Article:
A price war can be a unique opportunity to distinguish yourself and gain a strong position in the market, but it can also mean the end of your business. It is therefore very important to deal with this properly. In two articles we give you tips on how you can get yourself through it.
- How low can you go?
- A powerful battle plan for a price war!
Today we focus at the first article and look at how low you can make your prices.
How low can you go?
To keep going along with price drops is not always a good plan. What is the bottomline for you, when does it become too absurd or no longer profitable to come along? It’s good to calculate how low you can go by yourself. But how do you do that?
Perhaps even more important: does a price war fit with your company? If you profile yourself as the cheapest web store, then yes. Or maybe you try to distinguish yourself in terms of quality, service or something else. You do not claim to be the cheapest, but the best on a different level! Then it may be rewarding not to go blindly along with your competitors, especially if you already have loyal supporters.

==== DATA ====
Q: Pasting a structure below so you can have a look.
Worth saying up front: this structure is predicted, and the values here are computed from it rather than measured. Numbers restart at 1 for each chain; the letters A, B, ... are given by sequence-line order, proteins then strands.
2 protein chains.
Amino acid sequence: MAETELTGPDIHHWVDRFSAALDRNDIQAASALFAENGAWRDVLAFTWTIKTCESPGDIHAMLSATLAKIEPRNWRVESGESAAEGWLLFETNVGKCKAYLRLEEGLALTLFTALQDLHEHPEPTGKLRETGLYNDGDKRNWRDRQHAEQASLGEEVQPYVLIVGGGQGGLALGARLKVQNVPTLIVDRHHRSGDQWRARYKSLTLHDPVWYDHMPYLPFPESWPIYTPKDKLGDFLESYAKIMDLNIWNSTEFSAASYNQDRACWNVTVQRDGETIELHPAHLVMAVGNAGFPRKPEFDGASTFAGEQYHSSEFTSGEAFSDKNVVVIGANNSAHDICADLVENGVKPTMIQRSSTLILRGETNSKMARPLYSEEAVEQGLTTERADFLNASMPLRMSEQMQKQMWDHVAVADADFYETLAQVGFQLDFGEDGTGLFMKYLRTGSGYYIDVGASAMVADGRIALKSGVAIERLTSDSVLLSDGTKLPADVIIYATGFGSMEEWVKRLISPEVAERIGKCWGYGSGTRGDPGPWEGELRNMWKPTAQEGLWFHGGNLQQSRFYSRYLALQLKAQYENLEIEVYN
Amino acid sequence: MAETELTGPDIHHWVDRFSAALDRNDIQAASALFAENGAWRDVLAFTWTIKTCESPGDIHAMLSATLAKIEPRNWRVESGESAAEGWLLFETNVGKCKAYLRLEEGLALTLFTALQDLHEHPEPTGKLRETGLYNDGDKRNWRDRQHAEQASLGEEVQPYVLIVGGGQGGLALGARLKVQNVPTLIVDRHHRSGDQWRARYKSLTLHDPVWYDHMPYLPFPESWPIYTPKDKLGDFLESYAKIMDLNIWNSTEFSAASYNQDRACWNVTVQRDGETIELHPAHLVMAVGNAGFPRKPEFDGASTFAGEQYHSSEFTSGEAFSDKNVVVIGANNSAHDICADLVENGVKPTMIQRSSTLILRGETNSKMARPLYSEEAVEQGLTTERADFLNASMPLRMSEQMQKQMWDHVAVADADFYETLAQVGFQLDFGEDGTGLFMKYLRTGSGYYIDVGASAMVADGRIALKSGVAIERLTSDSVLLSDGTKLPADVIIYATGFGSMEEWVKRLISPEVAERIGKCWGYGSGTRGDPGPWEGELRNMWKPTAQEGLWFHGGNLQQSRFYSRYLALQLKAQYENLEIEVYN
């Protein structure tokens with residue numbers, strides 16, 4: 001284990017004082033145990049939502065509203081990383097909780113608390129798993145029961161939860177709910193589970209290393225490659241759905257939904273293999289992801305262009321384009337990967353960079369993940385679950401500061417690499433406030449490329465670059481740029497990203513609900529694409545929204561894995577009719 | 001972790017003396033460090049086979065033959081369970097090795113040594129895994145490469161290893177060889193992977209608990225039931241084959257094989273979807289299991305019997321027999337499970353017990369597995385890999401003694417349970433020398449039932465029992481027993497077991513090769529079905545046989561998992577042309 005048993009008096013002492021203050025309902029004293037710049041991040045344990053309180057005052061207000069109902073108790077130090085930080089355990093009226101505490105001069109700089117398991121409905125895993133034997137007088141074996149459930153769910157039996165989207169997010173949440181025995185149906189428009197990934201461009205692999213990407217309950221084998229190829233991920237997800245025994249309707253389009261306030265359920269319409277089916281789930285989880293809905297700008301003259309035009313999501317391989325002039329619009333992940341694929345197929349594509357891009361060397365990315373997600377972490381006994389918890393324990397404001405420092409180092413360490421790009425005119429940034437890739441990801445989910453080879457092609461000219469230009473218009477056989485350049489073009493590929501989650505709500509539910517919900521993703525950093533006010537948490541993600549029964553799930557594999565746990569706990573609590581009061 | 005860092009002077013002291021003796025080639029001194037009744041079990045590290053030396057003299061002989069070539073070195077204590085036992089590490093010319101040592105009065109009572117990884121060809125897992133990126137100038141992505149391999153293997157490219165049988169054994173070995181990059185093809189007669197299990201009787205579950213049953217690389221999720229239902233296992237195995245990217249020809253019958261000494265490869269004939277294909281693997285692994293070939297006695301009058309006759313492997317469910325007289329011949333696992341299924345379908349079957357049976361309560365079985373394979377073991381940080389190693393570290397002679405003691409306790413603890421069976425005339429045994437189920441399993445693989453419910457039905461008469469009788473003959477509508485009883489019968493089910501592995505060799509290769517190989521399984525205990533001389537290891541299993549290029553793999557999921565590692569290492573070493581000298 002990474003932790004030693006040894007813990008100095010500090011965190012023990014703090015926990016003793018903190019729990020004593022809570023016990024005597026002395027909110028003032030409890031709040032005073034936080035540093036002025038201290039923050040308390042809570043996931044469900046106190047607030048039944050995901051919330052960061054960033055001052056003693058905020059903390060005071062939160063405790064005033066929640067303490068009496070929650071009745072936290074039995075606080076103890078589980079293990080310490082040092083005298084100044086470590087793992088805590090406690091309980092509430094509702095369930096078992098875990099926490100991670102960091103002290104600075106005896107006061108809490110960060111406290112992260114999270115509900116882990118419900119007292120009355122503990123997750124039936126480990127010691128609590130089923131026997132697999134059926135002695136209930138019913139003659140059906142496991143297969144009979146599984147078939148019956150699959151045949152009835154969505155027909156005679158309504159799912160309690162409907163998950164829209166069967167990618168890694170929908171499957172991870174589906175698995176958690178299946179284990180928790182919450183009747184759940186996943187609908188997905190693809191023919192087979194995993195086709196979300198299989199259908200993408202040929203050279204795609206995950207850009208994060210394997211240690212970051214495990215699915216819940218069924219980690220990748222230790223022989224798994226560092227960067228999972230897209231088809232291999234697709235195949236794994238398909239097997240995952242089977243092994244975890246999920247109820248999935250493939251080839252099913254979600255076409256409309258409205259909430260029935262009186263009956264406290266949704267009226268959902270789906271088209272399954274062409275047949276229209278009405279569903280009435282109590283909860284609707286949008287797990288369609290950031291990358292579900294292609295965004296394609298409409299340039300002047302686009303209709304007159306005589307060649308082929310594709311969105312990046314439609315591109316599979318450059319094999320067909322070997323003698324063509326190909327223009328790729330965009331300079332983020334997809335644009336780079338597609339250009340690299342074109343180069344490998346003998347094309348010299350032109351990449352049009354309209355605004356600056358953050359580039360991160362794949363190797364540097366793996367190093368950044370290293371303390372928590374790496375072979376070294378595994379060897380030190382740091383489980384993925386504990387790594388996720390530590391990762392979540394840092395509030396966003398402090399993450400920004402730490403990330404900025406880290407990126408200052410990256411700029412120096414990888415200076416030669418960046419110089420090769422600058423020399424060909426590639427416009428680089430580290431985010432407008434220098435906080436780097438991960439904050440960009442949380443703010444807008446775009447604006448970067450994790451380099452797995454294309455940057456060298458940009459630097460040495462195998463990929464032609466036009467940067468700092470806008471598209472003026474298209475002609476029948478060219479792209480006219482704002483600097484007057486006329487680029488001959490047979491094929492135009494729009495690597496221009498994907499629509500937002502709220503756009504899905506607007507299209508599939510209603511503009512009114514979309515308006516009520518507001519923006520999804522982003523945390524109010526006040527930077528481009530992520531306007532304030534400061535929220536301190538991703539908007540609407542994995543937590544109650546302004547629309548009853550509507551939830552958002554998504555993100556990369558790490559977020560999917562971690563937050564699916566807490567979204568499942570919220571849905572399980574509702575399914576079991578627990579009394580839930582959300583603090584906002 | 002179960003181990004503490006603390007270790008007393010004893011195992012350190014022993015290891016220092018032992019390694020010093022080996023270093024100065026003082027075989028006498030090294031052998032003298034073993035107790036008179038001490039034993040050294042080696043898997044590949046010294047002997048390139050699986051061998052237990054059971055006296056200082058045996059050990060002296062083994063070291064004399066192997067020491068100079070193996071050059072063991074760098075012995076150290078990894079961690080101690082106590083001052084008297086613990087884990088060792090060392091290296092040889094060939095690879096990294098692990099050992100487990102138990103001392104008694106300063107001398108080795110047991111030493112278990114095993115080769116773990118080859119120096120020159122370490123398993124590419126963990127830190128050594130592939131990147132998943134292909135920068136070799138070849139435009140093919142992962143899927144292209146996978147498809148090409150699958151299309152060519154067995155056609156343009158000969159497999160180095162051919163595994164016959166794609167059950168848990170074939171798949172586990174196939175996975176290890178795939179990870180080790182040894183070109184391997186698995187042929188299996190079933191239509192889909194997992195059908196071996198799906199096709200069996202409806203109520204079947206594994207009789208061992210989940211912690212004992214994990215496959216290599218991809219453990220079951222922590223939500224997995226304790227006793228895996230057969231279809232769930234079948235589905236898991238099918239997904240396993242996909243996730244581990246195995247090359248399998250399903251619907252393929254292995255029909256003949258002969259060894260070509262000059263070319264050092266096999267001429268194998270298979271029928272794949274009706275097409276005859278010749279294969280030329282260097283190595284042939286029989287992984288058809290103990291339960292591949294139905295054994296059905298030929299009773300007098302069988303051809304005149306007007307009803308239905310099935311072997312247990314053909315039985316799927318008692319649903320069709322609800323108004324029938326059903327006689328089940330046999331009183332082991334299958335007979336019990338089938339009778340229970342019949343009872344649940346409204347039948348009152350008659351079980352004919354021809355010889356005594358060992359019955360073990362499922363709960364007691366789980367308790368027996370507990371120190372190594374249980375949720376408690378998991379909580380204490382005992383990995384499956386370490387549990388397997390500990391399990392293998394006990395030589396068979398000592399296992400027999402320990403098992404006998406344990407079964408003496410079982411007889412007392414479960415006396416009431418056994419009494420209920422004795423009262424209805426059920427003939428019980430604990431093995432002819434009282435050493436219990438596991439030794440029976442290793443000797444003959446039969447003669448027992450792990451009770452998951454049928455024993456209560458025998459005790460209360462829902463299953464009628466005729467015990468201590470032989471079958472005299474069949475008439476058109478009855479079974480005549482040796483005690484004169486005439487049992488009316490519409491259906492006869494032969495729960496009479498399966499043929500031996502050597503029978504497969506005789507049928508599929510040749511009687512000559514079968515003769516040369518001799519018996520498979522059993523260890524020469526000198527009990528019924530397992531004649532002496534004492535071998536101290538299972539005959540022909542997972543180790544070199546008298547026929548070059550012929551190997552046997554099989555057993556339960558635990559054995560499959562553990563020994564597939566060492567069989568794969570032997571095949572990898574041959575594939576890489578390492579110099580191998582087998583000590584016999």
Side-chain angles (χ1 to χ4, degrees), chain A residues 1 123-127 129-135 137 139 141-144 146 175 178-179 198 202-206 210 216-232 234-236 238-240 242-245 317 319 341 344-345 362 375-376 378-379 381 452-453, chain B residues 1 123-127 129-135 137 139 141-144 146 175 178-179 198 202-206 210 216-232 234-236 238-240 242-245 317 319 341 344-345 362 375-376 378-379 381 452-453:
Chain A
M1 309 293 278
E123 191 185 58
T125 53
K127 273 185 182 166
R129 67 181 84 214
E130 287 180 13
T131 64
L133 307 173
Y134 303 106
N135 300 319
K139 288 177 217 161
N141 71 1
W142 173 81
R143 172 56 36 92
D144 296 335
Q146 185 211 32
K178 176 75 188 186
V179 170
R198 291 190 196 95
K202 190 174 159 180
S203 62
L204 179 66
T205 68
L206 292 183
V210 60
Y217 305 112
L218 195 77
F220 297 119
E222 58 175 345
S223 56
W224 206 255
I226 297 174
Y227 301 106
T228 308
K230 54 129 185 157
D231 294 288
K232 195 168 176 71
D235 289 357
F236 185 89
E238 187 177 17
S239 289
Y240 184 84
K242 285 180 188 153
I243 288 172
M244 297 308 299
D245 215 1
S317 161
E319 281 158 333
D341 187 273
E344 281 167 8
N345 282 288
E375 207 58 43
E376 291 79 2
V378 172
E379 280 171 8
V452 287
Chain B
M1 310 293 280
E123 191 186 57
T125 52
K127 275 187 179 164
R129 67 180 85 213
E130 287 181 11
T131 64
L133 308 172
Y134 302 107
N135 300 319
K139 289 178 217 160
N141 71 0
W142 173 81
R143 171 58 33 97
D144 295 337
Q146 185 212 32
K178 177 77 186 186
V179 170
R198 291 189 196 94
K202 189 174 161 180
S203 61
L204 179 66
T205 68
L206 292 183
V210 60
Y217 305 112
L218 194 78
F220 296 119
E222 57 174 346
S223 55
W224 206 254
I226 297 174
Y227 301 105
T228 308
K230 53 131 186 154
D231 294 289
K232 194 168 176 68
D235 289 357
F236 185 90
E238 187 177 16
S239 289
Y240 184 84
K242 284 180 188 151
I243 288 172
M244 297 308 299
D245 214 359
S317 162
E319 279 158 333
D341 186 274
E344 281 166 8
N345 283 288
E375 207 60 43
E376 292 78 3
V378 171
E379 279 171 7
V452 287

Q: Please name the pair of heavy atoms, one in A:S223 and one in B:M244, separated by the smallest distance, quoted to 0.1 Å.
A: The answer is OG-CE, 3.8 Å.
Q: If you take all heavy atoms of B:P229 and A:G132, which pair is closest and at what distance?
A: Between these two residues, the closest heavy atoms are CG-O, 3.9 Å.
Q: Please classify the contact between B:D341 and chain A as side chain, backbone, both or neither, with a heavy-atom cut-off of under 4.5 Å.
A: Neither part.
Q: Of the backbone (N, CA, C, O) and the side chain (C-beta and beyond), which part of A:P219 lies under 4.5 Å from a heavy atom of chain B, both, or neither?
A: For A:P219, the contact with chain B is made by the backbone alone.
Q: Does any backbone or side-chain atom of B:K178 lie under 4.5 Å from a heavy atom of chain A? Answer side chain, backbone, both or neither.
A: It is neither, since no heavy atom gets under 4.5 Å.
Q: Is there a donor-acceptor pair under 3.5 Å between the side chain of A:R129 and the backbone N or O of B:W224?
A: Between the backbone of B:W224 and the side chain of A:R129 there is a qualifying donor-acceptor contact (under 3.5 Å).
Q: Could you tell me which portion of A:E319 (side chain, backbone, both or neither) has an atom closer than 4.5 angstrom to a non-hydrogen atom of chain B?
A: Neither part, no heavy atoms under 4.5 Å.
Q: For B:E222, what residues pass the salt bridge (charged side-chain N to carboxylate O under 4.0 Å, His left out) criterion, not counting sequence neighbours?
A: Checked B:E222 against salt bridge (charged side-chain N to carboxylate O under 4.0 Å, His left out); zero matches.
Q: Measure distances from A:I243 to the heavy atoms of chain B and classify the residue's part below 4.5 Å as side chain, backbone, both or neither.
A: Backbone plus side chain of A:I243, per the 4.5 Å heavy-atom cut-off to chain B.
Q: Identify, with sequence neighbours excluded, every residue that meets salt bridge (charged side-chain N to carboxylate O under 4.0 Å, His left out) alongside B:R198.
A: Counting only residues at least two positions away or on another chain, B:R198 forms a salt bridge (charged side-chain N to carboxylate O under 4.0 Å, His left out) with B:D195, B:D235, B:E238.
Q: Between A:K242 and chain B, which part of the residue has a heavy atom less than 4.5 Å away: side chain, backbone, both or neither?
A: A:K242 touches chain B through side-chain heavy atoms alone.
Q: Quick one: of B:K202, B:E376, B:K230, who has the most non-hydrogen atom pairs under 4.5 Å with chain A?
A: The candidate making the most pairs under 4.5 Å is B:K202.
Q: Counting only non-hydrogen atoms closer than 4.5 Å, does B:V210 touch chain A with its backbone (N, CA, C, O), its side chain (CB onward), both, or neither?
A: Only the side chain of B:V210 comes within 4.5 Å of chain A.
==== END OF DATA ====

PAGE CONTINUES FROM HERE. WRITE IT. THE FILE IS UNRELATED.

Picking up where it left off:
By only going lower, always receiving less margin, you finally work yourself into the problems. You get less money for the same time, because it is not guaranteed that being the cheapest also means more sales. You will deliver less of what you want to distinguish yourself with. Instead of buying quality products, you go to cheaper suppliers and your quality decreases, but the amount of returns increase. The service is getting worse, because instead of talking to your client, you have to invest time in research on how to make more money. That is the ideal way to lose a price war. In short: only participate in a price war if this suits your company!
But how do you know how low you can now?
Calculating the cost price